Overall - 90%
It's been a long time coming, but Diablo 4 is the game fans deserve. Put simply, Diablo 4 will easily be many people's Game of the Year.
While Blizzard Entertainment’s Diablo III is much-beloved now, lest we forget the launch was a train wreck. Does their new title Diablo 4 fare better than its predecessor? Check out this review and find out.
Diablo 4 Review
When Diablo 4 begins, you get to pick from five different classes. I mostly played the Druid, but got some Necromancer time during the beta. After creating your character, you get caught in a storm and need shelter. A local town nearby takes you in, but they need help with creatures at the temple. You deal with them, return, and the whole town tries to sacrifice you. Beating them, you soon learn about the Cult of Lilith.
Lilith has come to the lands of Sanctuary and is intent on taking over. A man named Lorath explains what is happening and that you two need to try to stop it. From there, you set off to the various settlements around Sanctuary to help out and kill demons. The main story is very long; I’d say roughly around 50 hours. However, the end game can easily last another 50.
As a druid, I mostly played melee as the werewolf and werebear. As the bear, I would rush in and tank enemies while doing crowd control. As the wolf, I’d focus on damage and building up my poison dot, ripping through certain bosses. I had access to tornadoes, lightning storms, rock slides, and other elemental attacks, but shape-shifting carried me to the end. The skill tree is vast, and you could have dozens of builds – even within the same class.
Combat starts off far too easy, but players will quickly hit a brick wall of challenge later. Controls are responsive, and moves feel impactful. My favorite bear move is a huge ground slam; when you spam it, you feel the earth shake. Even my normal swings felt good when I was hitting hordes of enemies. One downside is the enemy buffs early on. Sometimes they have more HP as a buff, and it’s not needed. You rarely lose to these creatures; they only serve to consume more time.
One good thing the development team took from Diablo Immortal was its shared world, not unlike an MMO. You don’t get matchmaking, but you can run into other players on the map and team up with them. Unlike most other games, people happily team up in this because you get more experience, and it means enemies go down quicker. There are also events in-game that players can team up for and get chests from. These spawn randomly, and it’s first come, first serve.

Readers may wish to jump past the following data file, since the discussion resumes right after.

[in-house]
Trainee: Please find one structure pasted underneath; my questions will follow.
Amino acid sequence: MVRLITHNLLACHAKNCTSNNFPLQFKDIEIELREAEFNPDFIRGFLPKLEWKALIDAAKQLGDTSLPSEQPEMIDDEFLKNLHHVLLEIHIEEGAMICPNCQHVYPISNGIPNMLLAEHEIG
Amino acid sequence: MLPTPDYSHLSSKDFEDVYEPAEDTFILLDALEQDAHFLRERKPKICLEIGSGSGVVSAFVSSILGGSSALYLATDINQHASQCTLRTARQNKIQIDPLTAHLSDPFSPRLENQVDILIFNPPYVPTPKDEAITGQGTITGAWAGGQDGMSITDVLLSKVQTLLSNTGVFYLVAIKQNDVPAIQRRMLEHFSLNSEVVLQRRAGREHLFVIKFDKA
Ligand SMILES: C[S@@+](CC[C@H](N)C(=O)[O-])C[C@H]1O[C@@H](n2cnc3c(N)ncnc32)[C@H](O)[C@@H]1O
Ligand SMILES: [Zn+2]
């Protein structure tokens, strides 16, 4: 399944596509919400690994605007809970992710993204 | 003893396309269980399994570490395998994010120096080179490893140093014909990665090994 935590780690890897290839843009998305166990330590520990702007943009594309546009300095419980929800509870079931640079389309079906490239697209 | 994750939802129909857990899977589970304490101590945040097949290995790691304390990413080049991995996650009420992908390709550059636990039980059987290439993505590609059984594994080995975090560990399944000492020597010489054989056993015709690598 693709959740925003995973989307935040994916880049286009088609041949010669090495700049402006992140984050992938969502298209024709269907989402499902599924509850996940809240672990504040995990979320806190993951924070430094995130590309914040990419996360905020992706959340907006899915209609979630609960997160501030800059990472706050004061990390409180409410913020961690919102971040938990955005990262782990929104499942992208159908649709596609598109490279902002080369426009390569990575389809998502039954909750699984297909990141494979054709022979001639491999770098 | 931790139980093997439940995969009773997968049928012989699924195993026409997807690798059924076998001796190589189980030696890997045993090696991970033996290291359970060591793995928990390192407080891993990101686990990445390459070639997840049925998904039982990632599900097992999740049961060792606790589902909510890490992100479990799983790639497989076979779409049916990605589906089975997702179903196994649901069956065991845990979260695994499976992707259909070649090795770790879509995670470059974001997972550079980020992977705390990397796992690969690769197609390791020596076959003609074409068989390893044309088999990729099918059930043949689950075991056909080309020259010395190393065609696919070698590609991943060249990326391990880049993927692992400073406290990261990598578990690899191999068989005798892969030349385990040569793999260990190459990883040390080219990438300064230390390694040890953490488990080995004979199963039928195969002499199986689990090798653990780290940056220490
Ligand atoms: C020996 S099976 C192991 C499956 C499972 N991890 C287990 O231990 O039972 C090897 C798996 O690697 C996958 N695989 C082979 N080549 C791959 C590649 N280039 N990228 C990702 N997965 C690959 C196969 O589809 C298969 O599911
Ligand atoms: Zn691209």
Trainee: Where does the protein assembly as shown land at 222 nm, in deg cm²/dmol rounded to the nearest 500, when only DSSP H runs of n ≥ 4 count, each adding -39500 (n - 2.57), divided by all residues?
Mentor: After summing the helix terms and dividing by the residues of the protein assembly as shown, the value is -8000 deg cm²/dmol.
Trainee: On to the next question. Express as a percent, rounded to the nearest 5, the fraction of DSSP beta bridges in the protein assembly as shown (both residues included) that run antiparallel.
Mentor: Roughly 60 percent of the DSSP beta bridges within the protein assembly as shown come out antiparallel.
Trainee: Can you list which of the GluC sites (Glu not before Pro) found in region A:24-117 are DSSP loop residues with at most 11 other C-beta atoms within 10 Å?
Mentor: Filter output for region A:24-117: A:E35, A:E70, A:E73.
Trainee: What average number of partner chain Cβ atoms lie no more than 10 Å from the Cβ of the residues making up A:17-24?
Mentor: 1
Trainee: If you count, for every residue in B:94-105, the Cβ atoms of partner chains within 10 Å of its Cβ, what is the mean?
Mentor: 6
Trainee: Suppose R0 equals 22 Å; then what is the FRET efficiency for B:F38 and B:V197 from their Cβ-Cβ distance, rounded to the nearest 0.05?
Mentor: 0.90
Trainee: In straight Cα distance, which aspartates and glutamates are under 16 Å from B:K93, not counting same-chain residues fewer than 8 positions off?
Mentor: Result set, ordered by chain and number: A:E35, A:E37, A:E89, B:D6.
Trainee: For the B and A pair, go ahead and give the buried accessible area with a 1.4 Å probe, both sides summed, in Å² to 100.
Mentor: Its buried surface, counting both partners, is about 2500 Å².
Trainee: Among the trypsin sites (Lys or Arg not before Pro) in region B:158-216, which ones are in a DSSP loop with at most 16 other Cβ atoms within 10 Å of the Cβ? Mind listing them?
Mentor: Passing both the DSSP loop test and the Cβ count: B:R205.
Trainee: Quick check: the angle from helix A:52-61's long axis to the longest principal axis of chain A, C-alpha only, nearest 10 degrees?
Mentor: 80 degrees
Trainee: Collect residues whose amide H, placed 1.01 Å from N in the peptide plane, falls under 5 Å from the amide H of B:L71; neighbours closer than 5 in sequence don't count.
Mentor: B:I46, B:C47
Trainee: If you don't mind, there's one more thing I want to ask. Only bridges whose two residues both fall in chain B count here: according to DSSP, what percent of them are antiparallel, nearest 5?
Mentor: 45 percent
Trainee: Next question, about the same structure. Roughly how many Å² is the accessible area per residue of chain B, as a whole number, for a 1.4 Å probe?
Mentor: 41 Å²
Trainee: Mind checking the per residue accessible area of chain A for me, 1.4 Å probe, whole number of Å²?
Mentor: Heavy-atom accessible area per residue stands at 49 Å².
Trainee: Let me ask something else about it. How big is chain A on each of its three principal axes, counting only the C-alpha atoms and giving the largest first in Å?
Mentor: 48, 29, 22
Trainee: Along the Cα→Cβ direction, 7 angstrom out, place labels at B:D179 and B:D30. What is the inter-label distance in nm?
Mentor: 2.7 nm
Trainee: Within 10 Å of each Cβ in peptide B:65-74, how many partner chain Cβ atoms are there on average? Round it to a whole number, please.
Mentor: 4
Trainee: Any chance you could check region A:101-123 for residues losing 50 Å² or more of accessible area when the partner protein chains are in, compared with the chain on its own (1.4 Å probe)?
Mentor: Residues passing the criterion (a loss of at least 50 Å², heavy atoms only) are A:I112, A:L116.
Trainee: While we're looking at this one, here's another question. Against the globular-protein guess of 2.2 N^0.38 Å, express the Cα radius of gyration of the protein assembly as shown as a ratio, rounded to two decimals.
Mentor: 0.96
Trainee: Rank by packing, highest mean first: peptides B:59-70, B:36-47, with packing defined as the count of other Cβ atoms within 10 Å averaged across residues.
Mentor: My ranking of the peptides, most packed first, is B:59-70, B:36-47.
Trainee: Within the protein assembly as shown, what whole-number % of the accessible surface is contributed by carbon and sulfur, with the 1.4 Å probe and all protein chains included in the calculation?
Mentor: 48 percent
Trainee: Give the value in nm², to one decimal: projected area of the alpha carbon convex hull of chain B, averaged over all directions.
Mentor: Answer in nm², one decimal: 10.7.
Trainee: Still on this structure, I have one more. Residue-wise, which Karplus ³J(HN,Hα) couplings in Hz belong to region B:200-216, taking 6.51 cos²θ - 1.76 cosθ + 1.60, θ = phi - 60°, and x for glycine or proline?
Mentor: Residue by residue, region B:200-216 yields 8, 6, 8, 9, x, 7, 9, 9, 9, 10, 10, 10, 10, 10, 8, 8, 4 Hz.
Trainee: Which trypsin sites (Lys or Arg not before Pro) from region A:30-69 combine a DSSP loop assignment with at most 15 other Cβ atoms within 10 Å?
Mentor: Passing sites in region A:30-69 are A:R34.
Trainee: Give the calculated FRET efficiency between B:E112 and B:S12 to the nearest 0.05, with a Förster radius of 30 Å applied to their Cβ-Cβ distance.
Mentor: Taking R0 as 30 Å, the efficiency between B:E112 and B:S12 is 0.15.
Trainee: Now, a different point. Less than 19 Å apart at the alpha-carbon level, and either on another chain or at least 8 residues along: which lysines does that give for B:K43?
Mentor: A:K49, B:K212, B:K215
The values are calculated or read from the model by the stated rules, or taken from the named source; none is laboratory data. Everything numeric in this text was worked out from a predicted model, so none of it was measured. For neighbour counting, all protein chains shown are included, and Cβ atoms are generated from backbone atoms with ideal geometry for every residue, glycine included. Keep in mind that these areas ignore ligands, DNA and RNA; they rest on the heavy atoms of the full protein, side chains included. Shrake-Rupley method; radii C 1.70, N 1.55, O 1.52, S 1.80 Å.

Other points of interest on the map include dungeons, hideouts, forts, Altars of Lilith, and waypoints. The waypoints are fast-travel, so you want those. Forts need to be taken and sometimes become another settlement with fast travel. Altars of Lilith give permanent boosts to stats and are shared between all characters on the accounts. Hideouts are basically mini dungeons with one room and a quick fight. Then the dungeons are huge sprawling instances with bosses, loot, enemies, and sometimes events.
It’s important to note that this the stuff you can do BEFORE you beat the game. Once you beat the story, you get Nightmare Dungeons, World Boss Events, Legion Events, Blood Tides, and the Whispering Tree. All of these help you unlock Legendary gear to keep you getting more powerful for the final difficulty tier. Honestly, this game will be a job for some of you. There is so much to do it can quickly become overwhelming; and I didn’t even try the PVP.
Then there is Diablo 4’s equipment. With item design, they knocked it out of the park, and transmog is free. With crafting, you can remove stats you don’t like and replace them with better ones—aspects altar your abilities, meaning that builds can get even more in-depth. Gem slotting and unique items return as well. One downside is that you can’t pull aspects off of the unique gear, which is often very good.
Diablo 4 is not without blemish, however. For one thing, it takes far too long to get the mount. You do get it on all characters when you unlock it, which is nice, but the game world is enormous. You need to run back and forth multiple times with no waypoint, and a horse would have made it that much better. In addition, playing on a console makes it very hard to see what buffs and debuffs you have going on you in combat. I know limited inventory slots are a staple of ARPGs, but bigger bags would have been nice. Also, the team desperately needed to put an overlay map in; it blew my mind that this wasn’t included.
I did have a couple of crashes and some server issues, but nothing that changed my impression of the title.
It’s been a long time coming, but Diablo 4 is the game fans deserve. Put simply, Diablo 4 will easily be many people’s Game of the Year.
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